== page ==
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Joaquín Milans del Bosch

Joaquín Milans del Bosch
Lieutenant General Milans del Bosch in 1916
Civil Governor of Barcelona
In office
26 September 1924 – 18 February 1930 (1924-09-26 – 1930-02-18)
MonarchAlfonso XIII
Prime MinisterMiguel Primo de Rivera
Preceded byCarlos de Lossada
Succeeded byIgnasi Despujol de Sabater
Captain General of Catalonia
In office
30 September 1918 – 10 February 1920 (1918-09-30 – 1920-02-10)
Preceded byRamón García y Menacho
Succeeded byValeriano Weyler y Nicolau
Personal details
Born(1854-06-06)6 June 1854
Barcelona, Catalonia, Spain
Died31 August 1936(1936-08-31) (aged 82)
Chamberí, Madrid, Spain
Military service
Allegiance Kingdom of Spain
BranchSpanish Army, Army of Africa
Service years1872–1930

Joaquín León Milans del Bosch y Carrió (6 June 1854 – 31 August 1936) was a Spanish military officer. The change in ideological orientation of the Milans del Bosch family was completed with his generation; traditionally, they had been liberal military officers, but during the twentieth century they aligned themselves with conservative forces.


Early life

His father died when he was three years old. He was raised under the protection of his uncle, Lorenzo Milans del Bosch. He joined the cavalry army at a young age, lived through the Bourbon restoration and embraced the cause of Alfonso XII.

Military career

Milans del Bosch fought in the Third Carlist War in 1893, and in the Tagalog War in the Philippines from 1897 to 1898, where he coincided with the future dictator Miguel Primo de Rivera. Following the signing of the Pact of Biak-na-Bato, he returned to Spain where, after a few different military and diplomatic posts, he was named assistant to King Alfonso XIII, and raised to the palatial class of honorary royal servants of the Royal Household and Heritage of the Crown of Spain, the Gentlemen of the Bedchamber.

He was later posted to Madrid and Morocco, where he was elevated to the rank of lieutenant general.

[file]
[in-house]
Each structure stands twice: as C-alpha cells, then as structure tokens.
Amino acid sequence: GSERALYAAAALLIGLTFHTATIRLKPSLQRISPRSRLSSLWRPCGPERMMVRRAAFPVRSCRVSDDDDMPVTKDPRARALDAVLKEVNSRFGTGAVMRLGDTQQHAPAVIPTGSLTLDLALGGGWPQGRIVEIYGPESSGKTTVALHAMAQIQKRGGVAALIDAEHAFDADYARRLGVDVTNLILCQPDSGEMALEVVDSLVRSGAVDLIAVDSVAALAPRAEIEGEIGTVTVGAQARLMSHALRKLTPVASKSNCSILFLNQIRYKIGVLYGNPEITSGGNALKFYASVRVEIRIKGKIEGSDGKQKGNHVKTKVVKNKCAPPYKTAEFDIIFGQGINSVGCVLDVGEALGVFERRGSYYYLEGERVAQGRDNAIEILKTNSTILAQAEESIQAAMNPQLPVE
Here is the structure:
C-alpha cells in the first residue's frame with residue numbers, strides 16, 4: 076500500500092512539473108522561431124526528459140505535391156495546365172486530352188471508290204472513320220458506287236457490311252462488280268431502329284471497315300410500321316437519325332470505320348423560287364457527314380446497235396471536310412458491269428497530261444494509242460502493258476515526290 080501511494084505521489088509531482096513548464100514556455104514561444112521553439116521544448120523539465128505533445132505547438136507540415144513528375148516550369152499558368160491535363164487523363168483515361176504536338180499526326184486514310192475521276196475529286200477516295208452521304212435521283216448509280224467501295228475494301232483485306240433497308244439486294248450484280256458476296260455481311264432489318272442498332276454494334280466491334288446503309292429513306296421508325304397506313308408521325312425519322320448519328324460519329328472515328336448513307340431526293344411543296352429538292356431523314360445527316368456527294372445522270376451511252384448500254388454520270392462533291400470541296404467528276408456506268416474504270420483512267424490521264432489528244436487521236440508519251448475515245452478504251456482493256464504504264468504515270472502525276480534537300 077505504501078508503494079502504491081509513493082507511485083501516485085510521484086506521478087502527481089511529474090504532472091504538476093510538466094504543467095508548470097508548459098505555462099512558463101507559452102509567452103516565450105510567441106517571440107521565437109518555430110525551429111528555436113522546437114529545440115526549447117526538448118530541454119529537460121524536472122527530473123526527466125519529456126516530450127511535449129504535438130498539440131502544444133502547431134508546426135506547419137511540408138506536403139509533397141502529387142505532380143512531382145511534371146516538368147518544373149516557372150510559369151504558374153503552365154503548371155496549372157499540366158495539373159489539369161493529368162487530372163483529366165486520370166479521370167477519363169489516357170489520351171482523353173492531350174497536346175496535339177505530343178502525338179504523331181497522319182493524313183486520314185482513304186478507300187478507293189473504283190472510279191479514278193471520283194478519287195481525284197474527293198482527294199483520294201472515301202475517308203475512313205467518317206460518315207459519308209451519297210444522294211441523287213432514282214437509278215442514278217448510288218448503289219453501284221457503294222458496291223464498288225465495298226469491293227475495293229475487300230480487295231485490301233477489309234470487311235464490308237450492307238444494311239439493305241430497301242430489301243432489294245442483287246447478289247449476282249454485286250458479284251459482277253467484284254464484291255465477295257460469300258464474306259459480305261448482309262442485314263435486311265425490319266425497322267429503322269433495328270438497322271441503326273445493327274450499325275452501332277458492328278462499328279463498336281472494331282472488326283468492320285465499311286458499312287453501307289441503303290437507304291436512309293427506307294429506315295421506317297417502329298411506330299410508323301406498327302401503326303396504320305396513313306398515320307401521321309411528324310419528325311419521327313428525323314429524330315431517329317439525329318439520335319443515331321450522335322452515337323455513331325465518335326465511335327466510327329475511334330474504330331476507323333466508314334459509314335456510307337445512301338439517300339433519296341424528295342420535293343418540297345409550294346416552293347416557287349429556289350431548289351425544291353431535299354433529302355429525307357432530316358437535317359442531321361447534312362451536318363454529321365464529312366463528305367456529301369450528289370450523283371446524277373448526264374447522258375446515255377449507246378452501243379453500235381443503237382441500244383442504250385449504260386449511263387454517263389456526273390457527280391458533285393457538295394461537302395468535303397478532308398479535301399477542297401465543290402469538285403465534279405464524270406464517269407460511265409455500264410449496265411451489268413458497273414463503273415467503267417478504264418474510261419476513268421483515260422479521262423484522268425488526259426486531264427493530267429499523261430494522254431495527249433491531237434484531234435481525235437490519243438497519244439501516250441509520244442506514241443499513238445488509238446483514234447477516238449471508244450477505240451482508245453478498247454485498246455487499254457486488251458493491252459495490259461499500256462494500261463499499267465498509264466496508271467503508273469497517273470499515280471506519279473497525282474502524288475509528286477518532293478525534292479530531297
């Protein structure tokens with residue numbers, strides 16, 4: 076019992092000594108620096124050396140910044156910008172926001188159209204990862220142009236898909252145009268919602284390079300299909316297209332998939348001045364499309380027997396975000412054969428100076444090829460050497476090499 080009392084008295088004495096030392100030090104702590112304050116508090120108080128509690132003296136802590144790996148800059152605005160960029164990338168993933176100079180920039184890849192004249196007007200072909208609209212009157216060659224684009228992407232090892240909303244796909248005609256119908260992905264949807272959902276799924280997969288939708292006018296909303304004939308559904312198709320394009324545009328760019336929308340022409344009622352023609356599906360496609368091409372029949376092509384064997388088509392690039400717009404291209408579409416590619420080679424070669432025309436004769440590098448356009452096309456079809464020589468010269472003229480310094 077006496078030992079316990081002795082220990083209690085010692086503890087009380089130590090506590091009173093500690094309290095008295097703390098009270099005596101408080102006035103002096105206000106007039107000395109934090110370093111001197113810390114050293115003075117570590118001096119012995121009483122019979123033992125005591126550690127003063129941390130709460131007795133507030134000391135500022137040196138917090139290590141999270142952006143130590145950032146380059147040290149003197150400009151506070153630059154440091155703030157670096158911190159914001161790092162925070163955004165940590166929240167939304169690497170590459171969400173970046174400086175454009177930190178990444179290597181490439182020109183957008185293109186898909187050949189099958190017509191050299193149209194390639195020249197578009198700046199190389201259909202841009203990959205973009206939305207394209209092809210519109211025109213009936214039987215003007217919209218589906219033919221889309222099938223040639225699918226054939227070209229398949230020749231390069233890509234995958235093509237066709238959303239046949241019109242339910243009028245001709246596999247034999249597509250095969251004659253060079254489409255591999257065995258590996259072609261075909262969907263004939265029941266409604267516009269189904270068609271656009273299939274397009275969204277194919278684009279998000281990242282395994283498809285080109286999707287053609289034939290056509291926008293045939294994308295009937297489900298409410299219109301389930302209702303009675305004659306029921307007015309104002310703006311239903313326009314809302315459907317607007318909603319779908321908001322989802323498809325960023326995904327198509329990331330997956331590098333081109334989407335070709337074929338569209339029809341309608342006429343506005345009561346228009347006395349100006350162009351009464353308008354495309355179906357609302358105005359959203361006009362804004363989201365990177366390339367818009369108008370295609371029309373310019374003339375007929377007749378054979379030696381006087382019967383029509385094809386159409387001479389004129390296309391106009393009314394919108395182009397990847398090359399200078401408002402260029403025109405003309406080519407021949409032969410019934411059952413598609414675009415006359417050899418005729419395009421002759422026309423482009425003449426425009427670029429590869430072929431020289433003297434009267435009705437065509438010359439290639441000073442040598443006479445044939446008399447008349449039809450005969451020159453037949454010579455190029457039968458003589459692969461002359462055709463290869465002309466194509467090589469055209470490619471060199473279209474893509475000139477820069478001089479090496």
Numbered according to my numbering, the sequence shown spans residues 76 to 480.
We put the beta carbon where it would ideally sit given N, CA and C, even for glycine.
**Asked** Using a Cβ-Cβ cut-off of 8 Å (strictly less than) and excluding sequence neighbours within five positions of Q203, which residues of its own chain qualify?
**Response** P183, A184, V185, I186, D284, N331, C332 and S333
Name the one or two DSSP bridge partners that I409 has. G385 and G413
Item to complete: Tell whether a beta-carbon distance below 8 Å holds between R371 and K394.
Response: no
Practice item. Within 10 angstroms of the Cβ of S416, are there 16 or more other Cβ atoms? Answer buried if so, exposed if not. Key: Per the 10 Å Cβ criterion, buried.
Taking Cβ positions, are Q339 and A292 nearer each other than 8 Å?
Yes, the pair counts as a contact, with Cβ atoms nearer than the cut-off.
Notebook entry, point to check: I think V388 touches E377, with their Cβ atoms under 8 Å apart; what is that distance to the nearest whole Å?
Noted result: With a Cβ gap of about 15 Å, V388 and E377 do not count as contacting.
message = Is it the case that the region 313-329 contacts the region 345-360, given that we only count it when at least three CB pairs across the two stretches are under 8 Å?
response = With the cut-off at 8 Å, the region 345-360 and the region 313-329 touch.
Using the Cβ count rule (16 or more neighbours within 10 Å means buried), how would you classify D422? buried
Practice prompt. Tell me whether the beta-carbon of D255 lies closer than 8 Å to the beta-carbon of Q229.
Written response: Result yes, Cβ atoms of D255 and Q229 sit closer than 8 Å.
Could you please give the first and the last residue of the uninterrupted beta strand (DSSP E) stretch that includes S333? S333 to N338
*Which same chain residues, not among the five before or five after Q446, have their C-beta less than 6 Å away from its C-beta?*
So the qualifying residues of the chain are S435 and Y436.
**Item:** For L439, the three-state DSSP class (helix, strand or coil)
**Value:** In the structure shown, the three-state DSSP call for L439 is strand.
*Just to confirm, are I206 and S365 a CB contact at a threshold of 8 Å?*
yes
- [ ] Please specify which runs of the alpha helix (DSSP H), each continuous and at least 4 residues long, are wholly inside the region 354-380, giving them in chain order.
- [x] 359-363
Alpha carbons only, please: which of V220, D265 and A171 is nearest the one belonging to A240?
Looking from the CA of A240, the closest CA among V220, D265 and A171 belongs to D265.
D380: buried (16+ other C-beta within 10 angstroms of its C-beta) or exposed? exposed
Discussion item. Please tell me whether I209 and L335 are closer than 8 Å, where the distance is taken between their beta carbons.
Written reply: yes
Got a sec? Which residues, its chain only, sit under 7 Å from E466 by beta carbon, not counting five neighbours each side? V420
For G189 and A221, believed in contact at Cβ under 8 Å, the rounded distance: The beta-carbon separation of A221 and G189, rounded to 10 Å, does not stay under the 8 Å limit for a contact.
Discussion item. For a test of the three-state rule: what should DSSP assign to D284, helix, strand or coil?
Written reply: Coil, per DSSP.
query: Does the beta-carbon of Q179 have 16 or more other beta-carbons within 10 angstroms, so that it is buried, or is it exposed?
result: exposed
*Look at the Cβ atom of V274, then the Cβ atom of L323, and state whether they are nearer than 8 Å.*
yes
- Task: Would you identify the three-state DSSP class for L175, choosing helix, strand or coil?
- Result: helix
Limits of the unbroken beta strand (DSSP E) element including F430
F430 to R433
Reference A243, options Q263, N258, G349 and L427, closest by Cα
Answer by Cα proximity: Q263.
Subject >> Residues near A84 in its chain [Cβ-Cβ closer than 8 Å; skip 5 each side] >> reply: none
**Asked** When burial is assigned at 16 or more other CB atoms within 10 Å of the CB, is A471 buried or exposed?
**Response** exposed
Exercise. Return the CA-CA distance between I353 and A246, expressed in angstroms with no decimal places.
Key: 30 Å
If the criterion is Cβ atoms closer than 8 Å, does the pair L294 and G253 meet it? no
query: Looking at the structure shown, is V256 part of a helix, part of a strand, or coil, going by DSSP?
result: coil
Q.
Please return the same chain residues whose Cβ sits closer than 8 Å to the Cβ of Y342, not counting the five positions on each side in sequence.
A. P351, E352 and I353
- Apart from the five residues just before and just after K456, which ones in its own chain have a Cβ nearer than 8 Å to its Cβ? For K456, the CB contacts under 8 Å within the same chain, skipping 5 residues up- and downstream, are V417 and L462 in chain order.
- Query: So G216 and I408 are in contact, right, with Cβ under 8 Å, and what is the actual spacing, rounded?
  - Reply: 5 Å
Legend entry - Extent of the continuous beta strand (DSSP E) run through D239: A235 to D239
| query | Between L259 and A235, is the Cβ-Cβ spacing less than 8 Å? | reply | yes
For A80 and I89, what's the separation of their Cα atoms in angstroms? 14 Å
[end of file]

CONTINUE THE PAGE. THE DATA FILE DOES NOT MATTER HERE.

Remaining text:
Captain General of Catalonia

On 30 September 1918, Milans del Bosch was named Captain General of Catalonia.[1] The situation in Catalonia was tense due to the economic crisis caused by the halt of exportations to belligerent countries and by risen prices. The workers' movement—led by the National Confederation of Labour—organized itself and fought the gunmen of the Employers' Association. Milans gave his support to the employers' association and used military methods to repress social conflicts in what is known as the Canadiense strike.

He felt he had the support of the upper classes of Catalan society and did not quit his post until King Alfonso, prodded by the Cortes Generales, directly ordered his resignation, which Milans tendered on 10 February 1920.[2][3] During his tenure, he was invited to ceremonies and wedding banquets by the Barcelona aristocracy. King Alfonso—in compensation for Milan's obedience and years of service—named him head of the Casa Militar de la Casa Real.

Civil Governor of Barcelona

On 26 September 1924, three months after he left his post at the Casa Militar, Milans del Bosch was named Civil Governor of Barcelona by his friend, Prime Minister Miguel Primo de Rivera.[4] Together with the minister of governance and the Captain General of Catalonia, he carried out a fierce anti-Catalanist campaign.

In 1925, he ordered the closure of FC Barcelona's stadium, Camp Nou, as well as closure of the Orfeó Català; he banned Catalan cultural organizations and suspended publication of Catalan newspapers and magazines. He was removed from office upon the fall of the dictatorship on 18 February 1930.[5]

Later life and execution

From October 1927 to February 1930, Milans del Bosch was appointed to the National Advisory Assembly of Primo de Rivera's dictatorship.[6]

Milans del Bosch chose not to leave Madrid after the attempted coup d'état of 18 July 1936 that started the Spanish Civil War, as his son Mariano had been detained – though he had the option to take refuge in the Turkish embassy. He was detained by militiamen on 30 August, and executed the following day on Fernando el Santo Street in Madrid's district of Chamberí.[7]




  • Soldevilla, F. (1925). El Año Político: Año XXX, 1924 (in Spanish). Madrid: J. Cosano. OCLC 934289402.
  • Togores, L. (2012). "Miláns del Bosch y Carrió, Joaquín". Diccionario biográfico español (in Spanish). Vol. 35. RAH. OCLC 931440539.


Further reading

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Joaquín Milans del Bosch
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